Lighting Lots of 1.2v Bulbs...or Bright LEDs

Hi All,

My Arduino UNO is on its way!

I am planning to build an advent calendar for my first project - I want it to automatically light the correct day.

I'm a software developer, so the code wont be a problem (Once aquainted with the syntax etc). What I'm not sure about is how to control the 25 bulbs required? i.e. There are 13 pins...how on earth would I wire this?

Looking for guidance rather than a solution. I want to ideally use 1.2v bulbs...or bright LEDs as they need to light a box for each day, which will be approx 10cm x 10cm

Any help will be much appreciated.

Thank you.

Hi, you probably need a shift register, as explained here:

http://arduino.cc/en/Tutorial/ShiftOut

There are 20 pins, but still not enough, 0-13 and the analog inputs A0-A5 can function the same as the digital pins as well.

Several choices here:

  1. Use shift registers to provide more outputs. 74HC595 shift registers have 8 outputs and can be cascaded, so four would be needed.

  2. Use a multiplexing chip like the MAX7219 or MAX7221.

  3. Multiplex the lamps directly with the Arduino.

(1) Will be the simplest code, but lots of wires, (3) Will be the least complicated electrically, but the code will be more difficult, (2) is somewhere in between.

FWIW, if it were me, my preference would be LEDs over 1.2V incandescent bulbs. Current drawn from Arduino pins should be limited to 20mA.

If you use LEDs, you may try Charlieplexing http://www.arduino.cc/playground/code/charlieplex With 6 Pins you can control 30 LEDs.

Since this is over a month and no high-speed is required...

  • Maybe a manual switch on the 15th?? or
  • A minimum-charlie-like-plex where there are two groups of 15 LEDs driven HIGH and each of the two groups can be separately driven LOW. If you're sure you'll only ever light one LED, you'd only need 1 resistor per group...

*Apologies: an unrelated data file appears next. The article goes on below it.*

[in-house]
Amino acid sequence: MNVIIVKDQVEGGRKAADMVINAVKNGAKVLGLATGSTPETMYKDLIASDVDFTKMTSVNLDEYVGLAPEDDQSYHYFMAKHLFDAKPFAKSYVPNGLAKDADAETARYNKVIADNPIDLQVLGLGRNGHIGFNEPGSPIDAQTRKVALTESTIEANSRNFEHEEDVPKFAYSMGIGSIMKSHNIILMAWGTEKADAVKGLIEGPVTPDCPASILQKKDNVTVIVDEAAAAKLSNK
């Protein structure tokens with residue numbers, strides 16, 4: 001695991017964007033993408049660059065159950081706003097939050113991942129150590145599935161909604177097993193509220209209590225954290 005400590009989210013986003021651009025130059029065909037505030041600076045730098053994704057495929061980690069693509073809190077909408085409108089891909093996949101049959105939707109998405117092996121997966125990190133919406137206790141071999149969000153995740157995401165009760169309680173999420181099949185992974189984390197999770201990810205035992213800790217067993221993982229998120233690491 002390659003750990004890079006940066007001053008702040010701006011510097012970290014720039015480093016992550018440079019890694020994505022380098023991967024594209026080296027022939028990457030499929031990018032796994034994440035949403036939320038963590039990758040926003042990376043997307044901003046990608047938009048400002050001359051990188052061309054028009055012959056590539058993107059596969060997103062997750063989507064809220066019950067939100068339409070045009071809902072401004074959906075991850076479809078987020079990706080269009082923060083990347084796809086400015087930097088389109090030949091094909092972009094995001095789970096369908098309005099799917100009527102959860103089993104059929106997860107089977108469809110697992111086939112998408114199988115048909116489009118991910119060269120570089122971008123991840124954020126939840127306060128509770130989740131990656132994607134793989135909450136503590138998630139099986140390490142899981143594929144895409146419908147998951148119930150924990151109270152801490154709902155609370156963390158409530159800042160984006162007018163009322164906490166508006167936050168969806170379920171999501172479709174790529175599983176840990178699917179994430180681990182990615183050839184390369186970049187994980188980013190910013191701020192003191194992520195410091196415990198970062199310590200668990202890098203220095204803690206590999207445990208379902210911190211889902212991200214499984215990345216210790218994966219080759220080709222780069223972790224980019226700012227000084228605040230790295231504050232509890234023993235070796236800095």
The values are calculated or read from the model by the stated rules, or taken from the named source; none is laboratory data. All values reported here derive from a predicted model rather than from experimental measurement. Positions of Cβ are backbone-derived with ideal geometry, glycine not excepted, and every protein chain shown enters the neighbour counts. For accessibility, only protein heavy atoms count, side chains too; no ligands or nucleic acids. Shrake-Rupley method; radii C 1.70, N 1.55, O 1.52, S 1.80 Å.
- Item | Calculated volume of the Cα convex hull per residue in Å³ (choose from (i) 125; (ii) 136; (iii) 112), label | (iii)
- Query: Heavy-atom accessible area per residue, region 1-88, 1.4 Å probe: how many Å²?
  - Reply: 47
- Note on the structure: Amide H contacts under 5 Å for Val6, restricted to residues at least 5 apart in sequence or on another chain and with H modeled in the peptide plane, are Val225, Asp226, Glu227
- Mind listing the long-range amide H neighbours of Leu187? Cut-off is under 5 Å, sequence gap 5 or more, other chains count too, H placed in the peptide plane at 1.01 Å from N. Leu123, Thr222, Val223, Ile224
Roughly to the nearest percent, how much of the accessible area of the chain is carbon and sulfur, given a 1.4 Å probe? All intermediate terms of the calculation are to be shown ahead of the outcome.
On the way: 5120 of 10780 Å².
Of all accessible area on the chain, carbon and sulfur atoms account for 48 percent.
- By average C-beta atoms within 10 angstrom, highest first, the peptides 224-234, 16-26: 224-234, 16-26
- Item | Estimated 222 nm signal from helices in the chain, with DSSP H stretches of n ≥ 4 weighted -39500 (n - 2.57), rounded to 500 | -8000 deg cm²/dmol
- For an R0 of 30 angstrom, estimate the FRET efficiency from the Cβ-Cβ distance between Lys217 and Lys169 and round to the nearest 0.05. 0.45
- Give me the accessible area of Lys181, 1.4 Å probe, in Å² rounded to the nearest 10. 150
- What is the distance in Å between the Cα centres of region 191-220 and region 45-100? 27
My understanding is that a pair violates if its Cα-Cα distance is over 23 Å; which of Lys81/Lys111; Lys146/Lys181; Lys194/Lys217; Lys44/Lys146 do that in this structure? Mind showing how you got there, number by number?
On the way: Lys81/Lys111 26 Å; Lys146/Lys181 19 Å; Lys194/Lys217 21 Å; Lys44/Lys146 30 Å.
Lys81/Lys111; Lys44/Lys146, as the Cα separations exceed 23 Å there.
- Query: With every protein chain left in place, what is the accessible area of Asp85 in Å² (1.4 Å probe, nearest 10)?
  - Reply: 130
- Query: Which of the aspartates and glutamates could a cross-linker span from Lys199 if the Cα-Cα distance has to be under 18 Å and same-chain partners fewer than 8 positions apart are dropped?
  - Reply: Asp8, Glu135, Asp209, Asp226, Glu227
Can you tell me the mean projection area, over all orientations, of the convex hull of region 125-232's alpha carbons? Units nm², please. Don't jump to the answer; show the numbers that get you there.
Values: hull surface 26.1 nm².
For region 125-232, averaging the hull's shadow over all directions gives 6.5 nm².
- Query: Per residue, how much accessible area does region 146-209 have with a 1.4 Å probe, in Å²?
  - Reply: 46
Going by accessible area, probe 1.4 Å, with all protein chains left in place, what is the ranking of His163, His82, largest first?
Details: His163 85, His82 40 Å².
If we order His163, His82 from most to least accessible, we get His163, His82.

I would multiplex the lights in a 5 x 5 matrix (10 output pins). If you use LEDs then it's really easy, and if you keep the LED current to 35mA or less than you need no additional hardware except for 5 series resistors. The code will be very simple too because you are not trying to light more than one at a time.

Wow - Thanks for all the replies! I guess this quite an active community!

I'll look into all of those...thinking multipleks (Eks key not working! :) ) direct from Arduino at the moment, based on Jack's suggestion that this will be the least compleks eletronics wise, which is what I need for my first project...start gently!

Thanks again - Will try to post build photos etc.

Simon.

I would go with the shifter idea. If those light bulbs draw more than a few mas, it needs to be powered separately. I tend to think your light bulbs will draw over 100ma each.

The shifter idea is simple and flexible.

There are hybrids of the various suggestions as well, e.g. multiplex the LEDs as a 7x5 matrix, use a shift register for the 7 columns, and drive the rows via MCU pins.

Populate the entire 7x5 matrix, add a real time clock, and with a little extra code, the thing could be laid out like a calendar and work fine from year to year. Not sure if that’s the look you’re after though, and I’d probably explore simpler solutions first :smiley:

Merry Christmas! (Now that’s really rushing the season isn’t it!)

Hmmm...Having read last two posts, I'm now thinking shifter registers x 2

Found a great tutorial: http://bildr.org/2011/02/74hc595/

Impressed...I now know what a shift register does! 8)

I'm getting the SparkFun Inventors kit, which happens to come with a 74HC595, so I can at least get something running as a prototype (of a prototype!) before commencing the build.

Thanks again all...Excited and looking forward to getting started on this! :)

Just so you know, you can multiplex shift registers so that 2 hc595 can control 64 leds / bulbs (for that to work with the bulbs, you will need some additional hardware help).

smh_999: Hmmm...Having read last two posts, I'm now thinking shifter registers x 2